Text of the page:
beliefs spread across northern Europe.John CalvinWhile religious wars raged across Europe, a more radical Protestantism began to develop in the 1530s.This was led by John Calvin, a Frenchman who had migrated to Geneva in 1536 and by the 1540s he hadtransformed the city into a religious state.Calvin shared some of Luther‟s beliefs, but went further then Luther in other areas. CALVIN’S BELIEFS Calvin shared Luther‟s beliefs in: The BIBLE as the source of all truth Rejected PAPAL authority. Emphasised the important of PREACHING (i.e. the sermon) PREDESTINATION But unlike Luther he believed in: A church governed by elected assemblies of ministers and elders – NO BISHOPS Insisted upon PLAINNESS of worship – rejected vestments, ornaments, music and splendid buildings. Insisted on COMMUNION IN BOTH KINDS – both bread and the wine were given to the congregation during communion (unlike Catholic practice where only bread was given). He rejected any idea of the Real Presence of Christ in the Communion service, thus rejecting TRANSUBSTANTIATION and CONSUBSTANTIATION.As with the Lutheran beliefs, Calvanism soon spread beyond its founding place. Before long the ideasof the Reformation reached England, and there, it was the ideas of Calvin rather than Luther whichhad the greatest influence on the reformers.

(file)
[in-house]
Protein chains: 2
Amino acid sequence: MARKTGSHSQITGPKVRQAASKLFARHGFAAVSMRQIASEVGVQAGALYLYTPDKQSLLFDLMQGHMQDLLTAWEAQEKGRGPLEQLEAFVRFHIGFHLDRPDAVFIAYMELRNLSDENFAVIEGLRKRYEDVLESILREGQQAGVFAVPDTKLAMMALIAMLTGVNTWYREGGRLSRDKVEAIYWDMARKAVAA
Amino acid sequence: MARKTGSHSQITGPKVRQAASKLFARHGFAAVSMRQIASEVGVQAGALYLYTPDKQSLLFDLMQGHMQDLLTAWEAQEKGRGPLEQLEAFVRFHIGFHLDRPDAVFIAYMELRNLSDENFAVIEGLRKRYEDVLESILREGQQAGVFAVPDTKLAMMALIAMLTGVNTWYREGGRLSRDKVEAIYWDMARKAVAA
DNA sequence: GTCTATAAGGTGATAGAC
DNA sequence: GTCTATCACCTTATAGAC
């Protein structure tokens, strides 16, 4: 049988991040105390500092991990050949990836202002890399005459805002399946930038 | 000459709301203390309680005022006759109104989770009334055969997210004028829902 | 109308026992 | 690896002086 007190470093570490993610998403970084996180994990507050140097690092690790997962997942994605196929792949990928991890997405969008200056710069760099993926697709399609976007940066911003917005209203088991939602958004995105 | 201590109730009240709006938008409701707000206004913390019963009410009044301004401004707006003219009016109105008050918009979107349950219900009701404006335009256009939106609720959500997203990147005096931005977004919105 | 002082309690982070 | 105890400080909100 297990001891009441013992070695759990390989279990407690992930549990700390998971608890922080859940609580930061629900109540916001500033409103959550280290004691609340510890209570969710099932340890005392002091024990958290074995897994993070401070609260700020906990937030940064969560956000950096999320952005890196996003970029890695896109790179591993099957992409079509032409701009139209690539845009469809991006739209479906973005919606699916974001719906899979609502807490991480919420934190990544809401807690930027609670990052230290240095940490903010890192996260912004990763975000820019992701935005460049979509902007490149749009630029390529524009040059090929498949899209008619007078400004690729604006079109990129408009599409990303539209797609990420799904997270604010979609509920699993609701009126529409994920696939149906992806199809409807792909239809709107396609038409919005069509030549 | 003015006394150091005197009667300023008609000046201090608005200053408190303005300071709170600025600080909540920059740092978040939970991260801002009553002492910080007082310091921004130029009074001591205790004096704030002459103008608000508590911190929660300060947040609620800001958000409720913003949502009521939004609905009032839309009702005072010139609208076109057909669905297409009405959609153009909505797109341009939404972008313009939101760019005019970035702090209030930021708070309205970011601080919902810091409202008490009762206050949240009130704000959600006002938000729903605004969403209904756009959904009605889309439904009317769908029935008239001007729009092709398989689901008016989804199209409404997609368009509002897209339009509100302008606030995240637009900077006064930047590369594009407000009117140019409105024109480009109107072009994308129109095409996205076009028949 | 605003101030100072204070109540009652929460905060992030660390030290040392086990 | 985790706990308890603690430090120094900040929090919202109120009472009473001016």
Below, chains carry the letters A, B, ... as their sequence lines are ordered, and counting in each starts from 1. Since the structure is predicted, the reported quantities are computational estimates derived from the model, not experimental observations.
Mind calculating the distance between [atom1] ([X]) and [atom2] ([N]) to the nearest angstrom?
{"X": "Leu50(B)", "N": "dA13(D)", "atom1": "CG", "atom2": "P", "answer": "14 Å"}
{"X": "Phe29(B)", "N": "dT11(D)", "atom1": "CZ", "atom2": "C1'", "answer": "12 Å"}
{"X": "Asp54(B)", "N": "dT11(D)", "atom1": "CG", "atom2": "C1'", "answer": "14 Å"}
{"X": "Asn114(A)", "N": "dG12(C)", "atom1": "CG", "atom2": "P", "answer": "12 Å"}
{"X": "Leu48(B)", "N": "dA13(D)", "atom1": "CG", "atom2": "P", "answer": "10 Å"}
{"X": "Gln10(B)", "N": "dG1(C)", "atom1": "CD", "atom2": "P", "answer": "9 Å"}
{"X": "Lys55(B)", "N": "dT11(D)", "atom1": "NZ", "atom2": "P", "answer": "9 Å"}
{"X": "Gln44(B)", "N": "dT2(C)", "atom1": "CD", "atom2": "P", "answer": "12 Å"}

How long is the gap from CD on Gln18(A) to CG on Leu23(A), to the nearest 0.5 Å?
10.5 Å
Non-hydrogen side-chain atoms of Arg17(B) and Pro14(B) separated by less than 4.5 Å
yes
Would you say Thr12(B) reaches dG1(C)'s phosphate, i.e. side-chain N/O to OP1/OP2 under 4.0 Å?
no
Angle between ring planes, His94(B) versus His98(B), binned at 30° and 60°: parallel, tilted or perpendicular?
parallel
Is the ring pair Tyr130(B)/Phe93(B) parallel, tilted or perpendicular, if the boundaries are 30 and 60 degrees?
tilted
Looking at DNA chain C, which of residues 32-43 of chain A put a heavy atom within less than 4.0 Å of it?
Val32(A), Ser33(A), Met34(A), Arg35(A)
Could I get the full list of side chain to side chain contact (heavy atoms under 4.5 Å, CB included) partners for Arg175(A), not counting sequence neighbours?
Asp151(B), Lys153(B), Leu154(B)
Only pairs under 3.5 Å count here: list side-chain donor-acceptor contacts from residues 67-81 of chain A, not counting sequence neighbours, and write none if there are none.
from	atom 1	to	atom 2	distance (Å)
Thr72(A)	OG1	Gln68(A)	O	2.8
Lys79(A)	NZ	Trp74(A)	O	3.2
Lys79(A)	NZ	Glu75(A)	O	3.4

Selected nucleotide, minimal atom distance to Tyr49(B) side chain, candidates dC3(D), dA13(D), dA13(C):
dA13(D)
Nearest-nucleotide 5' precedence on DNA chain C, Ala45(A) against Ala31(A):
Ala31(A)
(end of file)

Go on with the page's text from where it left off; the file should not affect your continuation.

Religion: The Reformation in EnglandKing Henry VIII of England had no sympathy with thenew faiths which were developing on the Continent. Hedenounced the works of Martin Luther, for which thePope granted him the title „defender of the Faith‟ – atitle which British monarchs retain to this day. The titlewould soon appear singularly ironic.Henry had married a Spanish princess, Catherine ofAragon, but she had failed in what was considered to bethe main duty of a queen – to produce a son. In 1527Henry asked the Pope to dissolve his marriage, so that hewould be free to marry another who might give him a son.The divorce would probably have been granted had not the Pope been under the influence of theEmperor Charles V, the nephew of Catherine of Aragon. Under pressure from the Emperor, the Poperefused to allow the divorce. Henry was enraged at being thwarted and sought a means of retaliationagainst the Pope. Thus began the Reformation of England. Beginning in 1529, a series of Acts ofParliament were passed which denied the authority of the Pope. The new laws gradually transferredthe control of the Church in England from the Pope to the King. Using the new powers bestowed onhim by Parliament, Henry divorced Catherine in 1533.Henry thus secured his original objective. But, urged on by his ruthless chief minister ThomasCromwell, Henry continued his reforms. These culminated with the Act of Supremacy in 1534. This ineffect created a new church – the Church of England – and named Henry as Supreme head of it. Thiscompleted the break with the Pope. (The doctrine of the new church, however, remained Catholic).Most of the nobles and gentry supported the new Church. This was largely because they stood tobenefit from it by acquiring Church land. But there had also been a lingering resentment of thecontrol which a foreign Pope could exercise over England. The gentry were rewarded in 1535-6 whenhundreds of monasteries in England were abolished and their land sold to the gentry.Apart from abolishing Papal control over the Church of England, the only religious reform permitted byHenry was the translation of the Bible into English. The „Great Bible‟ as it came to be called was amajor departure from Catholic practice which has always refused to allow translations. As in theProtestant areas of Europe, the ordinary people of England now had access to the word of God whichhas previously been confined to priests and scholars. The Calvinists Reforms When Henry dies in 1547, his heir was a boy of nine years old (from the third of Henry‟s six wives). Since Edward was too young to rule, England was governed by a Protector. The first Protector was the Duke of Somerset, a firm Protestant. Refugees from the religious wars on the Continent had brought the ideas of Luther and – especially – Calvin to England. These ideas found favour with Somerset and the men he had gathered around him. However, Henry‟s Archbishop of Canterbury, Thomas Cranmer, remained in office under Edward. His views were not as radical as those of the Calvinists and this prevented the Church of England from becoming as extreme as Geneva.